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Introducing Relative Clauses: Who, Whose, Whom, Which or That?

A subordinate clause is part of a sentence that depends on a main clause for its meaning. Relative clauses, which you may encounter in both defining and non-defining form, are types of subordinate clauses that work in specific ways. You can normally recognise a relative clause within a sentence because it will begin with a word such … Read more

The Adventures of Graham

Meet Graham the adventurous cat and his wise teacher, Professor Benson. Join Graham on his journey to learn all there is to know about grammar and writing. Like us on Facebook to be kept up to date on all of Graham’s adventures.                  

The difference between passive and active voice

Verbs are tricky things. At their most basic level, they describe actions, and what or whom those actions affect. The vast majority of sentences contain verbs and at least one noun (though often more than one)—usually the ‘doer’ and the ‘done to’—or to be more technical, the subject and the object. For example: Mikey swept … Read more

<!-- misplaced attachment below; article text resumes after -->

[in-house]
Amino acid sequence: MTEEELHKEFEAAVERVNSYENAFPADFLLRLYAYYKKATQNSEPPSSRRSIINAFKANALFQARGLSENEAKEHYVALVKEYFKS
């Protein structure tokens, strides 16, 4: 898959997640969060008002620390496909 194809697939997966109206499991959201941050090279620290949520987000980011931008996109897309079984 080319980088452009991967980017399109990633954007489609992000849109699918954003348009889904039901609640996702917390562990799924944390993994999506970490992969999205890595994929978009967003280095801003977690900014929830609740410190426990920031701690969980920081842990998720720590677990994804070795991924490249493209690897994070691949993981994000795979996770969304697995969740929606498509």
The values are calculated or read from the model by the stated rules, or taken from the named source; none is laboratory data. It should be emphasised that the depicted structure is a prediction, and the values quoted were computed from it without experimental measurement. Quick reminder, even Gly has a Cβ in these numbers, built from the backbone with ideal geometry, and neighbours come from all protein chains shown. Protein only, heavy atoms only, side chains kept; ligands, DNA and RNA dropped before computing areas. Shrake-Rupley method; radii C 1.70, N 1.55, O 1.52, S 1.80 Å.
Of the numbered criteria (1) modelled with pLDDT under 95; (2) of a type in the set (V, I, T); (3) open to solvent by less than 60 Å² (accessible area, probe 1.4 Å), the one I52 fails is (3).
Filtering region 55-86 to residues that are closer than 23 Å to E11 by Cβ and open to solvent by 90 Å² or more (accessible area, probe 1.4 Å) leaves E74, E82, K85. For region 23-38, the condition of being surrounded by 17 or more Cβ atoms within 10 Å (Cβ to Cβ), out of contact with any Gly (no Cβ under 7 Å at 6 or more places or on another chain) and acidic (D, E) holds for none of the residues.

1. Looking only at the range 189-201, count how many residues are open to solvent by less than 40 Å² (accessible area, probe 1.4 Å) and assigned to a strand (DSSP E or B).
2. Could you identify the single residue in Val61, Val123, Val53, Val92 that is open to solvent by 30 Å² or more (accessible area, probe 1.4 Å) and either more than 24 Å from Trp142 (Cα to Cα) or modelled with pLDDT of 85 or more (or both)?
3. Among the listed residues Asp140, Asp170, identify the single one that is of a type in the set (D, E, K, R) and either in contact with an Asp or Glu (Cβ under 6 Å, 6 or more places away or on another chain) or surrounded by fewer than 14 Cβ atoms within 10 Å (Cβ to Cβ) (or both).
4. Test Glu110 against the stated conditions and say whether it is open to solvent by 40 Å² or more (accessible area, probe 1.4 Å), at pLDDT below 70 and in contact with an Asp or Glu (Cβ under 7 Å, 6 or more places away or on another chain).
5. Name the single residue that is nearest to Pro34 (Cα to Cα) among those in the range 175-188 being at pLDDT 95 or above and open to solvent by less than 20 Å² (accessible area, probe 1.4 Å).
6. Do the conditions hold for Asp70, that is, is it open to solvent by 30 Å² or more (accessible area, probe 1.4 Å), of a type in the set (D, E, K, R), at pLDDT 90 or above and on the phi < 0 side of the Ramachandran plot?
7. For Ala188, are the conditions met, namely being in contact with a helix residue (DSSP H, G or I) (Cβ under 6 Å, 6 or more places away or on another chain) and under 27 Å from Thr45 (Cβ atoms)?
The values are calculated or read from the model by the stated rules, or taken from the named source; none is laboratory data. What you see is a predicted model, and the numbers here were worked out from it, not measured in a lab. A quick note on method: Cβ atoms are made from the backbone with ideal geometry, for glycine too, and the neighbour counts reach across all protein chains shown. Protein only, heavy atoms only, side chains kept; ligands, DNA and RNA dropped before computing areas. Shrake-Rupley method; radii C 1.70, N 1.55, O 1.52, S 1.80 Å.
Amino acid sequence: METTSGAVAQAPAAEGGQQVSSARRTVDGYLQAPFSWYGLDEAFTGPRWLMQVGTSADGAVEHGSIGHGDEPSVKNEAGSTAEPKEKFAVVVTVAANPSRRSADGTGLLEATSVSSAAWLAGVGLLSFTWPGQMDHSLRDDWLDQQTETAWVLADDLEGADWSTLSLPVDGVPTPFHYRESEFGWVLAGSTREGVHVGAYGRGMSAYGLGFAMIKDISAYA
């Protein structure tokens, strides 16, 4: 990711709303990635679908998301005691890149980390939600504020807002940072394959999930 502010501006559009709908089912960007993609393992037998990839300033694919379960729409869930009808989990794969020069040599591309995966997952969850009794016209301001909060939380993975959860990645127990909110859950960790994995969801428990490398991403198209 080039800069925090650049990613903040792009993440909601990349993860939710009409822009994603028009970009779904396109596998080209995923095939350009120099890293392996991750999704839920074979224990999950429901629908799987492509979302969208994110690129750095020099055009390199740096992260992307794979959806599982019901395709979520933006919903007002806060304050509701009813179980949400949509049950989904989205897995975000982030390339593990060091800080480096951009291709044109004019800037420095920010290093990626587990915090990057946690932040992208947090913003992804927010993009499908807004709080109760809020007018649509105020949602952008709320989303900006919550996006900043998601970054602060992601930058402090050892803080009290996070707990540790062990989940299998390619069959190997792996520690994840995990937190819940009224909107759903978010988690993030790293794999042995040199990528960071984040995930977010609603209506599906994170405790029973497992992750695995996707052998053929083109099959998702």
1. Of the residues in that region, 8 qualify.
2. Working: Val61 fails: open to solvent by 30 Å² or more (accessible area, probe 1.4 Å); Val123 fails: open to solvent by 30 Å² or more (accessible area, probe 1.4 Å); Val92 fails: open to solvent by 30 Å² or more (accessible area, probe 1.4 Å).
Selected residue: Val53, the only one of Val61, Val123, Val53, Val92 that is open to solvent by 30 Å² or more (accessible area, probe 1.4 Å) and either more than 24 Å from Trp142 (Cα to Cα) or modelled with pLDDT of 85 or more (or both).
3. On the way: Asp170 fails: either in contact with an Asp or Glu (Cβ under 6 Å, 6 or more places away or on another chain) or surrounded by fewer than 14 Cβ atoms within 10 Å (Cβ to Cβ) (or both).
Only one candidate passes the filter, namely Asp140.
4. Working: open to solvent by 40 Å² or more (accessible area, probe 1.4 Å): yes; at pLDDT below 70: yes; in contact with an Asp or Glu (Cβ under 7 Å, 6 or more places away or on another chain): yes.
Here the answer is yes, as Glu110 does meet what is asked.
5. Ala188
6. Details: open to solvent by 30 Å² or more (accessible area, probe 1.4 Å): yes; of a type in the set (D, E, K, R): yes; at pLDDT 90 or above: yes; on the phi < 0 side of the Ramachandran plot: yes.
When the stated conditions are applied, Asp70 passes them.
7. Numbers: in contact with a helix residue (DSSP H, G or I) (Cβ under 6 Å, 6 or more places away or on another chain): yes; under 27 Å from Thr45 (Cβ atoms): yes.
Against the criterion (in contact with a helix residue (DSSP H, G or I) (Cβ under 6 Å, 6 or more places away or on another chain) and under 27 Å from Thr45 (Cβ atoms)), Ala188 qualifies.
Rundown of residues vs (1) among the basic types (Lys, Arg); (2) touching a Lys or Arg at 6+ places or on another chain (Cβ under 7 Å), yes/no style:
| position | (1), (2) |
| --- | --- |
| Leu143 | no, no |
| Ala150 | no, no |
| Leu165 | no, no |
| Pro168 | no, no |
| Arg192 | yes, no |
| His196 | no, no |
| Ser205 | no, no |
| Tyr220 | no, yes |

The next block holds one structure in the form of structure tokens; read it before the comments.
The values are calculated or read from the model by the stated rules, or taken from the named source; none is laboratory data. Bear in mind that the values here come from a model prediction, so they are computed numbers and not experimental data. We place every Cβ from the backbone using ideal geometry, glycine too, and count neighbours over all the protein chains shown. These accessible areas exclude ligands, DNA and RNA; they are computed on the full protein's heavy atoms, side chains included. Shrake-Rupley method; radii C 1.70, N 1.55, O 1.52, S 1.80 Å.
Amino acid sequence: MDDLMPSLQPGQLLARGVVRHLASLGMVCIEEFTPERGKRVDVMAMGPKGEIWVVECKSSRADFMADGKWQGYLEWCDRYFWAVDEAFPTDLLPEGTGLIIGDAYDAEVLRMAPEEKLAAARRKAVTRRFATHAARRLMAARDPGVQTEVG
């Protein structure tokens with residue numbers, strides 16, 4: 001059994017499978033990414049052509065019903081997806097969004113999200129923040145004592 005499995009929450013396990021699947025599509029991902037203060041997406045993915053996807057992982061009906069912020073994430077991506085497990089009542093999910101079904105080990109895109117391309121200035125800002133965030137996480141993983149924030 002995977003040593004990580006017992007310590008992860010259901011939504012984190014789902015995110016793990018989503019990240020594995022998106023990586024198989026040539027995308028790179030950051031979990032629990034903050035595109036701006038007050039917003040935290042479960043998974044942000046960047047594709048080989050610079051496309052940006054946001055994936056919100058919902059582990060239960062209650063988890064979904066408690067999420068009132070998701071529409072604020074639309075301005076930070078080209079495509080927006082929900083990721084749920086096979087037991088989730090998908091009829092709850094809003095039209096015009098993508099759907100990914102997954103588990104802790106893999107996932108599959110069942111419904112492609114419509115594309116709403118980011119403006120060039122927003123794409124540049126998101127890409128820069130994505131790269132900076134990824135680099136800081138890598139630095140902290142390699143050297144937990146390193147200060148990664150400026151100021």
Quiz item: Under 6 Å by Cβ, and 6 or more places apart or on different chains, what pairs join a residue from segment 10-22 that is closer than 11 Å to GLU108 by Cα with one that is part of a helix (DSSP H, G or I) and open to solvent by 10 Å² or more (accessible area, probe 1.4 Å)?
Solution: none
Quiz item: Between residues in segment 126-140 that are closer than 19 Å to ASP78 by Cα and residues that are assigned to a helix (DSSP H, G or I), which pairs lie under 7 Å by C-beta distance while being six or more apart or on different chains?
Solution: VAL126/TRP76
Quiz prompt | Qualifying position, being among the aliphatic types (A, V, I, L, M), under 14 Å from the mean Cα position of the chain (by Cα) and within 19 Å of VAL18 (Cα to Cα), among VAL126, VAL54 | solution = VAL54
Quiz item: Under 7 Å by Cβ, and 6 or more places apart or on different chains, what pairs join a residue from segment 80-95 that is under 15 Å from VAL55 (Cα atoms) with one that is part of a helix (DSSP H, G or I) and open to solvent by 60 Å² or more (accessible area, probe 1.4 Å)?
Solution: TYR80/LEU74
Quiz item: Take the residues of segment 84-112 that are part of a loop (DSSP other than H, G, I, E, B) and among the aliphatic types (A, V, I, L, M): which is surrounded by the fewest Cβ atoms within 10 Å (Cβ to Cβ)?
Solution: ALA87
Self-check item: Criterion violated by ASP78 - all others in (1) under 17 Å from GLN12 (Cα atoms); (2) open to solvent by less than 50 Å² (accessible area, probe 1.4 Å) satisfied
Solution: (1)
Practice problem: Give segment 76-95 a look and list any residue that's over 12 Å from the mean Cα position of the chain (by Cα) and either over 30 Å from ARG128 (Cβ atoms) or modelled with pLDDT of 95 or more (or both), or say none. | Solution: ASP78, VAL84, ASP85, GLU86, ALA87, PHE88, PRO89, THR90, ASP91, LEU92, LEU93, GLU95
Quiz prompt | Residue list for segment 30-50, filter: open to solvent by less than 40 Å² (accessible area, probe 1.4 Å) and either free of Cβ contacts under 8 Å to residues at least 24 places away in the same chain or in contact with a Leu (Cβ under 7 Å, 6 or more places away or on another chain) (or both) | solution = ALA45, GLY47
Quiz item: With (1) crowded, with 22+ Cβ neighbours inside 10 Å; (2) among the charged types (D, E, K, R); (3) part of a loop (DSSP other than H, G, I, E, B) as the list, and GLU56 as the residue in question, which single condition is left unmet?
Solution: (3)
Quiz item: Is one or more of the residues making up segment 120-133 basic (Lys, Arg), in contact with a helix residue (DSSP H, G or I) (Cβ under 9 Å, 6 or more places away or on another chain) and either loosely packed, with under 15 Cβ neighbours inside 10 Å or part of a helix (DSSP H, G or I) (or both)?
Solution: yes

Liberate the Hyphen

The problem In the complicated workplace of punctuation, the poor old hyphen needs to form a union. It dutifully performs its role of joining compound words and reliably appears when a suffix or prefix needs assistance. However, many students and writers drag the overworked hyphen into use while the en dash and em dash rest … Read more

Three embarrassing typos… and what you can learn from them

Fine Fined Typo

Typos, spelling mistakes, bad punctuation. Slip-ups happen to the best of us when we’re rushing, tired, under pressure or a bit confused: which is pretty much the description of a stressed out university student writing an essay that’s due soon. At best, they make you look silly and careless. At worst, they can undermine the … Read more